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The Justice Machine

The pock-marked scabs that dotted the treeless, barren landscape on the face of our stronghold city, Labrinthia, were what held the valued remnants of that old 2110 nuclear holocaust: the mangled airplanes, cars, trucks, trains, and other salvageable engine parts needed to build it: the Iustitia Machina, the automaton that we hoped would be the ultimate solution for our social ills. The bombs had taken away our foodstuffs, while the people either starved, or killed and pillaged. In the face of such scarcity, all life had almost ended itself on Earth. And with the institutions of the old world having been long carved hollow by the fallout, the machine was what we’d aspired to be our Ark: a cocoon from which we’d hoped all misanthropy would molt, while justice, truth—Ratio, our salvation and regained dignity—would triumphantly emerge.

The mechanism itself was a massive, gangling organism of crankshafts, pistons, spinning belts and combustion whirs, spewing exhaust fumes that billowed up and up, defecating into the sun. It spat out punch cards: instructions taken to the head of the formalist priests, Solomon, who would interpret these etchings, surrounded by the murmurings of the city’s innermost dwellers. He would sit atop his wooden rocking chair—that paramount symbol of refined wisdom, and the only wooden thing left in this whole world—and scrawl out statements into the sand before him: For every instance of (∀ ); there exists (∃ ); is an element of (∈ ); and so forth, until each and every Labrinthian had their own set of daily instructions for which to conduct all civic affairs.

Thus, the day’s work was given, justice was meted out, and—for awhile—the people had faith.

And so it was, according to such precise instruction, that the sadi-toriums were built to house the rapists and murderers, the petrol junkies were issued supplements of grain whiskey to soothe their nerves, and through much tedium, the machine carbureted communal solutions with the fervor of a twin diesel.

It wasn’t until we’d experienced such great abundance that the once destitute eyes of the Labyrinth city’s denizens began to gloss over with greed—wanting not only enough, but in excess of the daily carni-plant rations (for that was our only crop, in those days)—that Solomon had considered it wise to make assumptions regarding the punch cards, and to consider it “doubly wise,” as the formalists remarked, to regard the day-to-day regimen of the Iustitia Machina as merely a half-measure of greatness.

Rather, they wished to give birth to Moralis Perfecta, which many were wary of, given the machine’s limited, analog resources—its lack of digital processing capacities (such technology had long since been lost). Nevertheless, the Machina itself would not issue any such edict to pursue these “full” measures via punch card, so the people eventually voted to pursue it themselves.

To do so, as Solomon had advised, the day’s punch cards were generated, but then re-purposed as interconnected strips that now fed the machine—with a nautilus belt added, drawing a pulley system into an infinite digression of π (3.1415926… and so forth).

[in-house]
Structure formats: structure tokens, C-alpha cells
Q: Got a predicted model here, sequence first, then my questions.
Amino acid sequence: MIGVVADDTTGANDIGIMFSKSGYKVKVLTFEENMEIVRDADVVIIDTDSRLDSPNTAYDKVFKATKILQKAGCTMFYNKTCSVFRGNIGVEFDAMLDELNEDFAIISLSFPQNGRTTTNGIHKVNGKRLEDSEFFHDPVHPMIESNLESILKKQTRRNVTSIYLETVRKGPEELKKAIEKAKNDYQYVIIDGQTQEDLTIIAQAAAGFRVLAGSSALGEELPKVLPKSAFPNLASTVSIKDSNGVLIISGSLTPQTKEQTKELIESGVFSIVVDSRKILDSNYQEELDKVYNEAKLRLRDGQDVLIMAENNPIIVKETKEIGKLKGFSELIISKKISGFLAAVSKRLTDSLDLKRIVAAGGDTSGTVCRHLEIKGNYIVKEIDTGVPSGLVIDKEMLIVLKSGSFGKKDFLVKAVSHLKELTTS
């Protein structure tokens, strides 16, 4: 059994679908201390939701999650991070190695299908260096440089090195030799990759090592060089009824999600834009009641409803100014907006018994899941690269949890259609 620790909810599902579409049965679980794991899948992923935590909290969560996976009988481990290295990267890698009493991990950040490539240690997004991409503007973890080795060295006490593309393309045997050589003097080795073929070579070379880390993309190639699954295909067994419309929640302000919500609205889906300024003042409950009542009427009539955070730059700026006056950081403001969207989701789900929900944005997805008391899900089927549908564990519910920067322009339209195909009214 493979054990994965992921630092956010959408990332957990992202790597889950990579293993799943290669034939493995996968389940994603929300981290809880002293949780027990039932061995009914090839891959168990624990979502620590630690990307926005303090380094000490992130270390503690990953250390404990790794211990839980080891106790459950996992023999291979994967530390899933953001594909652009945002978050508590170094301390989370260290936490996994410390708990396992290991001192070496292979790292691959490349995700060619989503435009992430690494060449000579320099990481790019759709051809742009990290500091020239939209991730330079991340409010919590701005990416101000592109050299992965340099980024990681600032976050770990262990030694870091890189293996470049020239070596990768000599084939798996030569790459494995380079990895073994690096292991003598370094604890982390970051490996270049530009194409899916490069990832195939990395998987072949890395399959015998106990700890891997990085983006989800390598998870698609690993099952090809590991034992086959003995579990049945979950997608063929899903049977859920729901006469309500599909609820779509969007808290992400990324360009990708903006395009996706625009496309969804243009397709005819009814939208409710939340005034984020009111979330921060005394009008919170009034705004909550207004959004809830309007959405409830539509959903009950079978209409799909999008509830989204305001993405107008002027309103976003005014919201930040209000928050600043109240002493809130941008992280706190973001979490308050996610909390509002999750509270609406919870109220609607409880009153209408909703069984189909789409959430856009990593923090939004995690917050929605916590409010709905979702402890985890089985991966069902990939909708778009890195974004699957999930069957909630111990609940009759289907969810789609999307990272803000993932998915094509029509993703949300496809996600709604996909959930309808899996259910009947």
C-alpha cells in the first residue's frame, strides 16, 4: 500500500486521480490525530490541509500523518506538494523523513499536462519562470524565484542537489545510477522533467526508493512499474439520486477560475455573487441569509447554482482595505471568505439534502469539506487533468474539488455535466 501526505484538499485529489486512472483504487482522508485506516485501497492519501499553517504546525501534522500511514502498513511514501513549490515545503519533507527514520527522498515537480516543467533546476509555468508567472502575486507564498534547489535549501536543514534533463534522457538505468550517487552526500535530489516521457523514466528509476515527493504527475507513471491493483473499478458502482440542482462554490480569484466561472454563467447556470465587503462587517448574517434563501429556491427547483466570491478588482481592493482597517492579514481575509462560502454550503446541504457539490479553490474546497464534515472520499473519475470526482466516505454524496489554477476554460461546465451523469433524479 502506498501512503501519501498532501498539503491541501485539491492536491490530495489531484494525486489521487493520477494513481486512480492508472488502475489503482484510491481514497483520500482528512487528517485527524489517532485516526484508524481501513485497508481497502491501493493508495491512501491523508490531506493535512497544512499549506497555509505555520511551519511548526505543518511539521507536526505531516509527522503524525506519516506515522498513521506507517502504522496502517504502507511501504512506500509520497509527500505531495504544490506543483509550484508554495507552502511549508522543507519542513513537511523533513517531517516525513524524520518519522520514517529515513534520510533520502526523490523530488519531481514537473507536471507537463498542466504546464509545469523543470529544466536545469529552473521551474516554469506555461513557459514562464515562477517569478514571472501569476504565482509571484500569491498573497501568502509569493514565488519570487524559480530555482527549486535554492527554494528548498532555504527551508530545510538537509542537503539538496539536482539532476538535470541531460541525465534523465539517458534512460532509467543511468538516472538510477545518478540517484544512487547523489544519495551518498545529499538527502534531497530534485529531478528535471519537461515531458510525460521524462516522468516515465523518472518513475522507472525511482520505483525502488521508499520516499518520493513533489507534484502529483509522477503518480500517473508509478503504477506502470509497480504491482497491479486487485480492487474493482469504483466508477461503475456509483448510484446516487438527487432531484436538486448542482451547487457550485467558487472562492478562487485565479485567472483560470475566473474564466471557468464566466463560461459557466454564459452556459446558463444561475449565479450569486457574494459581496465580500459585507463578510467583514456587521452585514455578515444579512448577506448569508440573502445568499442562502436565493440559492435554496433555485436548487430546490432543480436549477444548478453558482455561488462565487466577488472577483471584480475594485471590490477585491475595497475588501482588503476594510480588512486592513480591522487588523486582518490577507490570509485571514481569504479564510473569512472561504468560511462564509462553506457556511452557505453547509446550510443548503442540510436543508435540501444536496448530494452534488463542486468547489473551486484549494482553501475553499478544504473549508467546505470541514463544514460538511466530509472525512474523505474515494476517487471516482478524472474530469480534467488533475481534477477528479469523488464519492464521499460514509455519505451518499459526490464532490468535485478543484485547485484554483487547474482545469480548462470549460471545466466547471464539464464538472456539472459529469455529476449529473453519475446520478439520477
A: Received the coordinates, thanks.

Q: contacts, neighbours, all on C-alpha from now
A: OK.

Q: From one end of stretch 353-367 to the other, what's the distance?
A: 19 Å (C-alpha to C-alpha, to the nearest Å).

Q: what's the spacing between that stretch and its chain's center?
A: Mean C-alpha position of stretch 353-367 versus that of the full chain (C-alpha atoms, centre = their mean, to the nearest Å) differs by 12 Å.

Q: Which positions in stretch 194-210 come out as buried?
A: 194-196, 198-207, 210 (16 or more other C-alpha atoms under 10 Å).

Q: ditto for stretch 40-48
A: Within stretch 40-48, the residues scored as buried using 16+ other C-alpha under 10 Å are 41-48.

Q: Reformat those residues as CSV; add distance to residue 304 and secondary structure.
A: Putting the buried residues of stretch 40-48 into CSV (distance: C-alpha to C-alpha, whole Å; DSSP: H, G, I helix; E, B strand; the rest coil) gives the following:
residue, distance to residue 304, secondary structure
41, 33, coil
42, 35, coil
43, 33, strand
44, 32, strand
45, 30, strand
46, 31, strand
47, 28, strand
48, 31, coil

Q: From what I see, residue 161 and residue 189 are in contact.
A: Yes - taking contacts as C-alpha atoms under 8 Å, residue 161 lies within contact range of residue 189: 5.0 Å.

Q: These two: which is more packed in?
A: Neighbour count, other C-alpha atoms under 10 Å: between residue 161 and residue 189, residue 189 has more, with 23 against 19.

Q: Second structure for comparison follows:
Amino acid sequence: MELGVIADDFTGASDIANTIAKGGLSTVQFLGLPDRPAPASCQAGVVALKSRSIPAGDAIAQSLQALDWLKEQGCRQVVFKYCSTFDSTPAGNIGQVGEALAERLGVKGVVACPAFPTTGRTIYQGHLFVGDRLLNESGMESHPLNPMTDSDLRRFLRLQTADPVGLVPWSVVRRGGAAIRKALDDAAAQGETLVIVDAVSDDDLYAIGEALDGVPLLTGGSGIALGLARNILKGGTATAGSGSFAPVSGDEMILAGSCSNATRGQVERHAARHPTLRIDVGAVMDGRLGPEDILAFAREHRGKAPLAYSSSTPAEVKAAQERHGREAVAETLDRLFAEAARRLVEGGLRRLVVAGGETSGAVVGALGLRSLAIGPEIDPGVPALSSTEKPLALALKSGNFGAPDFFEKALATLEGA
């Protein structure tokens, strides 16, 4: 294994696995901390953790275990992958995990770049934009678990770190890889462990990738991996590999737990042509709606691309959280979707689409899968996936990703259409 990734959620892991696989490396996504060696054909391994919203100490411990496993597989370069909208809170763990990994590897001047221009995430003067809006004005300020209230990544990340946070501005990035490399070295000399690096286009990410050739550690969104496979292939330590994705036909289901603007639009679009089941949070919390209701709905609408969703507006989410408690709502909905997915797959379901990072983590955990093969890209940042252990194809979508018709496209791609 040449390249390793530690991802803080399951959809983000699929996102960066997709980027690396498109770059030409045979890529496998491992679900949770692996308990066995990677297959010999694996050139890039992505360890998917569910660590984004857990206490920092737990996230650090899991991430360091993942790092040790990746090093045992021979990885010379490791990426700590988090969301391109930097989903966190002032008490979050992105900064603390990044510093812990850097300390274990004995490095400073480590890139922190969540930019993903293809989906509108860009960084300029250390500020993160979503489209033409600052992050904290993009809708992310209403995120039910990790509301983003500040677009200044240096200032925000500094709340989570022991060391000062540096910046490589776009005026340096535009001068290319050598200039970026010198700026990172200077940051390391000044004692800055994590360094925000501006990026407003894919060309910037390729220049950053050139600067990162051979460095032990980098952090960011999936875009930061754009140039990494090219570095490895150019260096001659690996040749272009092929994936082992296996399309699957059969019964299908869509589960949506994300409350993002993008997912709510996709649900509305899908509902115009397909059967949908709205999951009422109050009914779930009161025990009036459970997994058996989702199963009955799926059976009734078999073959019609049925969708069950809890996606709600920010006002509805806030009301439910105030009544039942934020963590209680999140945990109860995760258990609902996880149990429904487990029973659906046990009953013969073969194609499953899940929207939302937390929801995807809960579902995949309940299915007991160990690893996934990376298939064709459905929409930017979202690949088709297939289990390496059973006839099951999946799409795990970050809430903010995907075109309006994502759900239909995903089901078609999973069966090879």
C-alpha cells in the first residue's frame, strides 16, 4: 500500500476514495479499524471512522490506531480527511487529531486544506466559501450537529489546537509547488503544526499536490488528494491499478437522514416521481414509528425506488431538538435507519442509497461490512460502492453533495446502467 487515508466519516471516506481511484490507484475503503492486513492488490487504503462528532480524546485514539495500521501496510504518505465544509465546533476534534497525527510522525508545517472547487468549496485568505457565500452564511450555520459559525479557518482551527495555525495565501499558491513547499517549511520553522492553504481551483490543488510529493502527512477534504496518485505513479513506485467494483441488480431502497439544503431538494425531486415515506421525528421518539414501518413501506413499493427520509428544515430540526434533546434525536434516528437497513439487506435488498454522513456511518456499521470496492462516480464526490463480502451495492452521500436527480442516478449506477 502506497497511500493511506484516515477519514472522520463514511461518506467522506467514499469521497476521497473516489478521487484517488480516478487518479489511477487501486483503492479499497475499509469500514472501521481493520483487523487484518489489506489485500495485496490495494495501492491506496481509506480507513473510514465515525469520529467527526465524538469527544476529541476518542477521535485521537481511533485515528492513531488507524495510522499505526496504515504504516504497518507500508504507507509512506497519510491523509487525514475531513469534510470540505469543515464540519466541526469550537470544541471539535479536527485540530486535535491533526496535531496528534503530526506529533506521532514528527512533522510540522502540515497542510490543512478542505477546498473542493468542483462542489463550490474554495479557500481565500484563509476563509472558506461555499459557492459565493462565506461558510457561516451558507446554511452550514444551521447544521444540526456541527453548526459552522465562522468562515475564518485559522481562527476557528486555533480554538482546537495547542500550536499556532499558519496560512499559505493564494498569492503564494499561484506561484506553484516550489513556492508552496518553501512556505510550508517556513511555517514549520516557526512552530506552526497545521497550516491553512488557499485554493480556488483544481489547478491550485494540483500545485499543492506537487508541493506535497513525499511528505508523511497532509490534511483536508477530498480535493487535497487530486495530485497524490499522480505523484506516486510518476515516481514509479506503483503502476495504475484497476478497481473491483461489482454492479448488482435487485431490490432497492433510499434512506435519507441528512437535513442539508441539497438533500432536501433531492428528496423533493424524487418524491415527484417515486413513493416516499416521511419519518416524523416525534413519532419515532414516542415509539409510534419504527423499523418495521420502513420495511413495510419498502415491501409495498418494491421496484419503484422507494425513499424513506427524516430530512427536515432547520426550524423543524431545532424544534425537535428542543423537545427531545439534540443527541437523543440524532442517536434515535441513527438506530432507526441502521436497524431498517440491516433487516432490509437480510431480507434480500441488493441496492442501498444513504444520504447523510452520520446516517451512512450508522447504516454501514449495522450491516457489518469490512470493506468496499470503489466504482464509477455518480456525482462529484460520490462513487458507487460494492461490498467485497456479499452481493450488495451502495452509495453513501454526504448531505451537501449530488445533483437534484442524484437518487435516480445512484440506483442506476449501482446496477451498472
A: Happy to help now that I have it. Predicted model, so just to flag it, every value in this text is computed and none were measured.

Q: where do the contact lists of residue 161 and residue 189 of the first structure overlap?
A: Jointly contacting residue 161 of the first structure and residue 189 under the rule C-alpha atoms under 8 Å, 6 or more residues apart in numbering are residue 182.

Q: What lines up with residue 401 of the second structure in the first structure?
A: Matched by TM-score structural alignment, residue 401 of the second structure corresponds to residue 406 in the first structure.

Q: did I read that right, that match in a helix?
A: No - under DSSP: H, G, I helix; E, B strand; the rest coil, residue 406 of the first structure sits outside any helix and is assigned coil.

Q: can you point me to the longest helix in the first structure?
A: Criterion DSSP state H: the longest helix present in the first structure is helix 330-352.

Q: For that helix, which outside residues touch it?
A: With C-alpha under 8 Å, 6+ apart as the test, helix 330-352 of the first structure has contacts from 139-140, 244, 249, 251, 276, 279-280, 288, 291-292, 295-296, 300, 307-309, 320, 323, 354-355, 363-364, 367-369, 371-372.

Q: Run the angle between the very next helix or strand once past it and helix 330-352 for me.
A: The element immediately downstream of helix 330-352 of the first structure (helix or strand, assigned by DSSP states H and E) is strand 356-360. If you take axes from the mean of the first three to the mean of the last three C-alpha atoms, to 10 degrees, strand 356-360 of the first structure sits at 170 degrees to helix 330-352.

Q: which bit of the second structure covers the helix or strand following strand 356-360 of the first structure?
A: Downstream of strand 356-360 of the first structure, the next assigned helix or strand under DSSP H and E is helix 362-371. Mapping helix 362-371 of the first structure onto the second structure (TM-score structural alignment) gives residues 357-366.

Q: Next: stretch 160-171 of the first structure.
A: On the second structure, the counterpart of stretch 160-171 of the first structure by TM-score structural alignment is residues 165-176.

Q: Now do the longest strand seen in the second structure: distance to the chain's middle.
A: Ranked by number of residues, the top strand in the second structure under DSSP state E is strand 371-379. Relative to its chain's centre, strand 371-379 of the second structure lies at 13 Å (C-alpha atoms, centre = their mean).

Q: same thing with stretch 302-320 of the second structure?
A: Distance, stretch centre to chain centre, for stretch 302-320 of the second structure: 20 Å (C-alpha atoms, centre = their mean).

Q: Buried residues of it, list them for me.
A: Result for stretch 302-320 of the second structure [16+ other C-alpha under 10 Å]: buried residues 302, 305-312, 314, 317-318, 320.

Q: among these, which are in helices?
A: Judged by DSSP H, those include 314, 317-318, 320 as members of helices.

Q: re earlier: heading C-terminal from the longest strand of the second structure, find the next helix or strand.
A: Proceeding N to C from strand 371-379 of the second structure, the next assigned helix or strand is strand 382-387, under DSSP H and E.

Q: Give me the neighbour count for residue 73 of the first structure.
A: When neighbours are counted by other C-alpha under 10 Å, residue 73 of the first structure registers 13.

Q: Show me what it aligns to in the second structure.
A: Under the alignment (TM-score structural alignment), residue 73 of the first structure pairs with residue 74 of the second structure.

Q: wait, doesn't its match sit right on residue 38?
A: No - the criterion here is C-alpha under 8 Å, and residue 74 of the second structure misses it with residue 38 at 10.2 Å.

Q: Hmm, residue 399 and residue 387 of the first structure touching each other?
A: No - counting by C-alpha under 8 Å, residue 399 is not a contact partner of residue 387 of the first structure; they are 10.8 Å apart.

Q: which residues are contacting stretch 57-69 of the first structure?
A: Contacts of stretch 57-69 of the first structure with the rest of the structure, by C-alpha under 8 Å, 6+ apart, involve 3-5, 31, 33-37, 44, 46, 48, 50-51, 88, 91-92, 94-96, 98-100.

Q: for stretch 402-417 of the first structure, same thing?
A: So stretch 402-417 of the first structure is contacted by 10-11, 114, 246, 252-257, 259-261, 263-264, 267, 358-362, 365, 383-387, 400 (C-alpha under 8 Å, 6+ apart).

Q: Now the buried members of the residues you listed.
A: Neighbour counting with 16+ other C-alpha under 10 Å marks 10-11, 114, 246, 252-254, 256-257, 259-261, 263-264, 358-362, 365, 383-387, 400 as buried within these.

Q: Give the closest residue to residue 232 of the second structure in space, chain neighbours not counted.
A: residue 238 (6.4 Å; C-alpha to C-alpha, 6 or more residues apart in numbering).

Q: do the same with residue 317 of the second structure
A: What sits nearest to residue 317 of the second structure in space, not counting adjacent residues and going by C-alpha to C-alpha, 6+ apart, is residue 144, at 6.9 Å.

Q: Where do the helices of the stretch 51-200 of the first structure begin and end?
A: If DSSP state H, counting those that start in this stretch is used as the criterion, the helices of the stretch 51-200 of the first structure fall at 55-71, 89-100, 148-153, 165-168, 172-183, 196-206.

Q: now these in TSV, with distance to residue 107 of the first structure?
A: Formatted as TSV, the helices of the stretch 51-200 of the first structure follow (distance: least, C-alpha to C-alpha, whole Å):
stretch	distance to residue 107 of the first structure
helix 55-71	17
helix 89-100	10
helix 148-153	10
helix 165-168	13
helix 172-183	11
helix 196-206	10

We fed the machine that morning, and it thus began to issue forth a new set of punch cards: the ones that we now know led to the foundations of all music and poetry, all art and beauty. As noon approached, the people rejoiced at first. Soon, however, mirth turned to uncertainty, turned into madness, and Labrinthia began to digress back into disorder and panic.

As citizen rose against citizen in civil chaos, the automaton began to shift its millions of valves and pistons, contorting itself smaller and smaller as the people watched on in a mixture of horror and wonder. As it screeched, hissed, revved, and wailed, eventually, Iustitia Machina began to take on a humanesque form: with steel arms, axle legs, and the face that was the mixture between what some compared to Eve, while others saw the insides of an automatic transmission.

The machine slowly became a young woman, and, as the people watched on, some began to question among themselves, “What do we do that is right? To whom do we look for solutions?”

To which that perfect form said nothing, but reached into itself, and produced a mirror—by which every Labrinthian gazed into, and finally saw the solution to every social dilemma that needed to be seen.


(Image: www.pixabay.com, “Machine”)

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3 thoughts on “The Justice Machine”

  1. innatejames says:

    I liked the updated steampunk element you introduced with the punch cards. The idea that technology in 2110 would revert back to what we were using in the 80s reminded me of steam engines. I thought the story succeeded in establishing a fable with the plural narrator. I wanted to know about how the everyday people in Labrinthia were functioning without wood: what did they live in? What is a carni-plant crop? I just wanted to be able to visualize the world a little more.

    1. Thank you for the feedback! I think I had about three versions of this story that I had to pin down into 750 words, but still wanted to build a much bigger world. I probably could have succeeded at conveying more with just the right sentences.

  2. I like your steam punk take on the prompt. You made me believe that a world could be run by punch cards and that your narrator understood the whole process. I wasn’t sure about the ending, but as your comment above suggests, I think this could be a much longer story where all would be explained.

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